Quotes from the Hogfather, for Jentle
Submitted by cmonster on Sat, 12/30/2006 - 03:58
One should always be wary of people who talk unashamedly of 'fellowship and good cheer' as if it were something that can be applied to life like a poultice. Turn your back for a moment and they may well organize a maypole dance and, frankly, there's no option then but to try and make it to the tree line.
The Cheerful Fairy was quite short and plump in a tweed skirt and shoes so sensible they could do their own tax returns, and was pretty much like the first teacher you get at school, the one who has special training in dealing with nervous incontinence and little boys whose contribution to the wonderful world of sharing consists largely of hitting a small girl repeatedly over the head with a wooden horse.
Like many barmen, Igor kept a club under the bar to deal with those little upsets that occurred around closing time, although in fact Biers never closed and no one could ever remember not seeing Igor behind the bar. Nevertheless, things sometimes got out of hand. Or paw. Or talon.
Igor's weapon of choice was a little different. It was tipped with silver (for werewolves), hung with garlic (for vampires) and wrappedaround with a strip of blanket (for bogeymen). For everyone else the fact that it was two feet of solid bog-oak usually sufficed.
The Archchancellor pointed dramatically skyward.
'To the laundry!' he said.
'It's downstairs, Ridcully,' said the Dean.
'Down to the laundry!'
'And you know Mrs. Whitlow doesn't like us going in there,' said the Chair of Indefinite Studies.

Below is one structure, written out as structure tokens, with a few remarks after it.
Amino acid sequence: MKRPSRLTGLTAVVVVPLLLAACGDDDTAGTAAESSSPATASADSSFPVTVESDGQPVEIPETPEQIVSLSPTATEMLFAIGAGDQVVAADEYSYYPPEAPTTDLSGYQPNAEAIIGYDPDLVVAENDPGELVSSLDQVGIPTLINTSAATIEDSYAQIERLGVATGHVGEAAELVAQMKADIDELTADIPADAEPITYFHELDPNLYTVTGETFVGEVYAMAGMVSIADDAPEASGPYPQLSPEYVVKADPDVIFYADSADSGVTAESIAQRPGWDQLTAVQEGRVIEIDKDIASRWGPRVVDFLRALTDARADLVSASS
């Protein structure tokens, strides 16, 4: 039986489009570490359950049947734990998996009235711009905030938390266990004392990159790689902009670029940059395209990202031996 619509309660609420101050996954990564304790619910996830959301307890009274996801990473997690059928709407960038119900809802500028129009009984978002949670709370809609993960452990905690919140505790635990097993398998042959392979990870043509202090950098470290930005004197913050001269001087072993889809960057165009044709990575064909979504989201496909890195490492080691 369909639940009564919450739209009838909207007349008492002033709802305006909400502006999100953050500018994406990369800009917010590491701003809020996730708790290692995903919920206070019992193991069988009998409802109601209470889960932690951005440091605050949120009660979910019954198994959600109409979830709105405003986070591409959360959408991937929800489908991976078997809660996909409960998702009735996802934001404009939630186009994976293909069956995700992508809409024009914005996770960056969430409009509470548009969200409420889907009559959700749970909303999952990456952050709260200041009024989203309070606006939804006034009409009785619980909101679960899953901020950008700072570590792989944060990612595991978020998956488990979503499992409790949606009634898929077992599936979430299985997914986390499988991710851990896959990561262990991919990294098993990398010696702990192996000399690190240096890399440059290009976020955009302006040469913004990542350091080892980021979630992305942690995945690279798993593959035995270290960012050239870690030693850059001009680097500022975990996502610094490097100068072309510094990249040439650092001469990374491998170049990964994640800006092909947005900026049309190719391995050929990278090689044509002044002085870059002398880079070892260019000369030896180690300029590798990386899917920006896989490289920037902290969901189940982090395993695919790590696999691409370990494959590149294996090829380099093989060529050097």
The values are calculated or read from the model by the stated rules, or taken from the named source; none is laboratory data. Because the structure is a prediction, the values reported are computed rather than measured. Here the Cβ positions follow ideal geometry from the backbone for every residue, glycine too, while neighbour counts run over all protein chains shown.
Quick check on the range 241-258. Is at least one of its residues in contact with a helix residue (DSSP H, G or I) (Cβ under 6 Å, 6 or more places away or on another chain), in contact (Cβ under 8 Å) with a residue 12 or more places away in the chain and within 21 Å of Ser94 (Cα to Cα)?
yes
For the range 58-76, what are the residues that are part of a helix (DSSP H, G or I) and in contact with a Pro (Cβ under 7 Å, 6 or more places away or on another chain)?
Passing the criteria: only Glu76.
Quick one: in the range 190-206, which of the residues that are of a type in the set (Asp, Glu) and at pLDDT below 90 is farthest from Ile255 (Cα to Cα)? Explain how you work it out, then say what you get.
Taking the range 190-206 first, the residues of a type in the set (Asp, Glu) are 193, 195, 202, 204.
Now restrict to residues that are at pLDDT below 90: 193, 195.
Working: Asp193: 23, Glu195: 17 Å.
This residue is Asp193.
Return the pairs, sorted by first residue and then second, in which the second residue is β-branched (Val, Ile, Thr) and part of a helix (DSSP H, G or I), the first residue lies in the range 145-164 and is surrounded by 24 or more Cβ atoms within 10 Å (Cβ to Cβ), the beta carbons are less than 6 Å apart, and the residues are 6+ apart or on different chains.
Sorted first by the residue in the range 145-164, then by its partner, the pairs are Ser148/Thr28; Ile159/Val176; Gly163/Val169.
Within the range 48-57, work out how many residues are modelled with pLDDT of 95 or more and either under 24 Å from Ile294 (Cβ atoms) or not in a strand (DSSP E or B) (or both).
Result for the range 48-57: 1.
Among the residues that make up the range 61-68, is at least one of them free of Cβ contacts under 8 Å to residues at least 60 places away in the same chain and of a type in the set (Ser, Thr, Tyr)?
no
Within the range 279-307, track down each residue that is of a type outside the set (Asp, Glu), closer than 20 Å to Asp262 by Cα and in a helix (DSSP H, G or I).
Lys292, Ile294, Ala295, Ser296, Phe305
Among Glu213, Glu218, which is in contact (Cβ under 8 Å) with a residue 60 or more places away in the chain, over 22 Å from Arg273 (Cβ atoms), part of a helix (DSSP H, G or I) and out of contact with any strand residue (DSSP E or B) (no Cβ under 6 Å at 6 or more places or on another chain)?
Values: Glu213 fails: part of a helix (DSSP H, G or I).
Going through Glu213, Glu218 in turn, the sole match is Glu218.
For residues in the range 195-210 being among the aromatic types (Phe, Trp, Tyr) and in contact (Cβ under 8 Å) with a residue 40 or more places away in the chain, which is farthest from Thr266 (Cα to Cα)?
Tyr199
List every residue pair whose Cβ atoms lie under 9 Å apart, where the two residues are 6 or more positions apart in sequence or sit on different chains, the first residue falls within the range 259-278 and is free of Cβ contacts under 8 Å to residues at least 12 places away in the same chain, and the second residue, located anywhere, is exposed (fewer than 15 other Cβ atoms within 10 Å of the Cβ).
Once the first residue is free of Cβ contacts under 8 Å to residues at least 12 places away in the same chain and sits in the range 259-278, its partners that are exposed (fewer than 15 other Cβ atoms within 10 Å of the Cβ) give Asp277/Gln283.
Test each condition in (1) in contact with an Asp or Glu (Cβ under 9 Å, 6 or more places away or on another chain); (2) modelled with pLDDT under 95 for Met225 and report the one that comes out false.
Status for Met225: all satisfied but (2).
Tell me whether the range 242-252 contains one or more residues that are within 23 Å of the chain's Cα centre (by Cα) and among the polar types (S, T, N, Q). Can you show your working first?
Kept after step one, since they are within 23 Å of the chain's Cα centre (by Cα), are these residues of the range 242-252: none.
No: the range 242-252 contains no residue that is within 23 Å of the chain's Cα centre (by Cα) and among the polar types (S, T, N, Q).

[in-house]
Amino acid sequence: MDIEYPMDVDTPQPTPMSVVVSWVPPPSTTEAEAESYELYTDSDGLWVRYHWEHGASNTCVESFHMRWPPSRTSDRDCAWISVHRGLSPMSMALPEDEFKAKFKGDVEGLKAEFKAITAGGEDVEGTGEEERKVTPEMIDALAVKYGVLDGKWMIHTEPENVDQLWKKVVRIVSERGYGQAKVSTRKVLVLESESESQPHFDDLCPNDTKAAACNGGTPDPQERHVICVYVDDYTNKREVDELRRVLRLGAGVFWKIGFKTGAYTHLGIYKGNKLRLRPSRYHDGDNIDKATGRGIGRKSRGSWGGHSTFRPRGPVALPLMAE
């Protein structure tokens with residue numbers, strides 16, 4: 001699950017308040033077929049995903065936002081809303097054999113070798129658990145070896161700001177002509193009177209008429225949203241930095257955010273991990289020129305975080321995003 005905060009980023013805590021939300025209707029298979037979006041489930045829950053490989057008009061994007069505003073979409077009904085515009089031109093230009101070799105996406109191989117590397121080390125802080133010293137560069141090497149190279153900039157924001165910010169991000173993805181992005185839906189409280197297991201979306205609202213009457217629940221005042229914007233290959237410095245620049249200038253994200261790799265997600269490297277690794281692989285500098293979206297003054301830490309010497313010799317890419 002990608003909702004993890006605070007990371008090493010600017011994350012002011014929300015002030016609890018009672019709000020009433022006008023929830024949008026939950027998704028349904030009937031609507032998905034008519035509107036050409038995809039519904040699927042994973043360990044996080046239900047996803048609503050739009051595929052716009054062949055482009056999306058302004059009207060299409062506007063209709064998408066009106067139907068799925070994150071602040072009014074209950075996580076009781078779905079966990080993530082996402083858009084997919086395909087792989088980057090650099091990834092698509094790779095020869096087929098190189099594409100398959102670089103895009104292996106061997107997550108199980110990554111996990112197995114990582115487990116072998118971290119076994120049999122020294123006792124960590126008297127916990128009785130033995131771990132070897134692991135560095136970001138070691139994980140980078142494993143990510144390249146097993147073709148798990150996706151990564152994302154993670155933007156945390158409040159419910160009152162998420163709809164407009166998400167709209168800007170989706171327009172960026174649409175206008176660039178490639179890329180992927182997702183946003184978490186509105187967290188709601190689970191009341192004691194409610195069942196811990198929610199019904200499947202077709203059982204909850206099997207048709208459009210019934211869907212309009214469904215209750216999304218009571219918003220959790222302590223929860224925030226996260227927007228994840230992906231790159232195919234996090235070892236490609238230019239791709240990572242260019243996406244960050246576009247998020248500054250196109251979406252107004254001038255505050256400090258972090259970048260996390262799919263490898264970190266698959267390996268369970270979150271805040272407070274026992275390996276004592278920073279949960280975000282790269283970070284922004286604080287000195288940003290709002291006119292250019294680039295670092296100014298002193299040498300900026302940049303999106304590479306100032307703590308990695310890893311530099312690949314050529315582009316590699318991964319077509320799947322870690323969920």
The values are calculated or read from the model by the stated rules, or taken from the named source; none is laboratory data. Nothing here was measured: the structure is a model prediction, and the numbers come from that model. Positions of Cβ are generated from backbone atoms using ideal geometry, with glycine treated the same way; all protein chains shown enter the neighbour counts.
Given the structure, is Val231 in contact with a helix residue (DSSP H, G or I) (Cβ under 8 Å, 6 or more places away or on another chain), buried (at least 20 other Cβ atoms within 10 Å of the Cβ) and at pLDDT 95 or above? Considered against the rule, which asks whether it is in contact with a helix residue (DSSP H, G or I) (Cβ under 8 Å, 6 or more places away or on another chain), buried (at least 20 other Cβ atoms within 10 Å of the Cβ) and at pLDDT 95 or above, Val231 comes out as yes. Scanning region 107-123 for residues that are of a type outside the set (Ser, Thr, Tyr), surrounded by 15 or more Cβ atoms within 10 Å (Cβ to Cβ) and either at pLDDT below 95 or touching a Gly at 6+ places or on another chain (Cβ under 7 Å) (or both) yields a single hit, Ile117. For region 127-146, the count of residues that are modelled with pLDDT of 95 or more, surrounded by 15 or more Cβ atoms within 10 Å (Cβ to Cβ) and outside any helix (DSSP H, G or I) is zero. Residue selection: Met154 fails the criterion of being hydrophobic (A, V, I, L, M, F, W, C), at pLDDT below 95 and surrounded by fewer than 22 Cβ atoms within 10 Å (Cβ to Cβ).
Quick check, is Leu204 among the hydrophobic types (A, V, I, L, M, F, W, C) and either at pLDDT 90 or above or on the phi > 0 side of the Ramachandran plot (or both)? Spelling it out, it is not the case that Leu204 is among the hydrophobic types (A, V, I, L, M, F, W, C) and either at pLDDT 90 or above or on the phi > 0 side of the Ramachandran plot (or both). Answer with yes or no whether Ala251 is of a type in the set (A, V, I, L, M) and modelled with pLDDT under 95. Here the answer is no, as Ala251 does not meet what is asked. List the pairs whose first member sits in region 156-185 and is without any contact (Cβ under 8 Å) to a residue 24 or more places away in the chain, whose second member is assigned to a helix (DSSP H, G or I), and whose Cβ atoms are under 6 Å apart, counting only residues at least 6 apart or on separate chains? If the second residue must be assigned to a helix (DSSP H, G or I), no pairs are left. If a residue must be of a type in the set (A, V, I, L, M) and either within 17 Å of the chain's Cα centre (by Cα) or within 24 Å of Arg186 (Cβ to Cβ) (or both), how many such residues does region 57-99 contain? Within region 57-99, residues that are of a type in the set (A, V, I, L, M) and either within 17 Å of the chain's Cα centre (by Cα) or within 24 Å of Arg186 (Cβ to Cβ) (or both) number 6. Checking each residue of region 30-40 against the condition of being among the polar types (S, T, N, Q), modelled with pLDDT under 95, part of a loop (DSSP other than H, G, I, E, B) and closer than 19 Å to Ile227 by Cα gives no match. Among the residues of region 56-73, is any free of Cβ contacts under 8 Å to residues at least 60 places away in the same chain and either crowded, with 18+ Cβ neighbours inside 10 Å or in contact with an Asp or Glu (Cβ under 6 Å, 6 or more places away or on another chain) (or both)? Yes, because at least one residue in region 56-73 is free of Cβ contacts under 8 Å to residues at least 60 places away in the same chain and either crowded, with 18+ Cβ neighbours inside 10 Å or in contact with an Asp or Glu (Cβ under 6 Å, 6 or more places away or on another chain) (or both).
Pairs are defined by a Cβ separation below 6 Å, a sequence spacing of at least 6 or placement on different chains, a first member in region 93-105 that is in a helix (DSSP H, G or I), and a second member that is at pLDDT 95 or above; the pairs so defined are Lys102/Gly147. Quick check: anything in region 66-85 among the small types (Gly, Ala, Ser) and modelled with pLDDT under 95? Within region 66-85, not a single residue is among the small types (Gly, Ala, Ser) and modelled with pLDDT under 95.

'And who is Archchancellor of this University, may I ask?' said Ridcully. 'Is it Mrs Whitlow? I don't think so! Is it me? Why, how amazing, I do believe it is!'
'Yes, but you know what she can be like,' said the Chair.
'Er, yes, that's true--' Ridcully began.
'I believe she's gone to her sister's for the holiday,' said the Bursar.
'We certainly don't have to take orders from any kind of housekeeper!' said the Archchancellor. 'To the laundry!'
The wizards surged out excitedly, leaving Susan, the oh god, the Verruca Gnome and the Hair Loss Fairy.
'Tell me again who those people were,' said the oh god.
'Some of the cleverest men in the world,' said Susan.
'And I'm sober, am I?'
'Clever isn't the same as sensible,' said Susan, 'and they do say that if you wish to walk the path to wisdom then for the first step you must become as a small child.'
'Do you think they've heard about the second step?'
Susan sighed. 'Probably not, but sometimes they fall over it while they're running around shouting.'
Books lay open, piled on one another. They were the ones Susan had never learned to read. Some of the characters hovered above the pages or moved in complicated little patterns as they read you while you read them.
HO HO HO.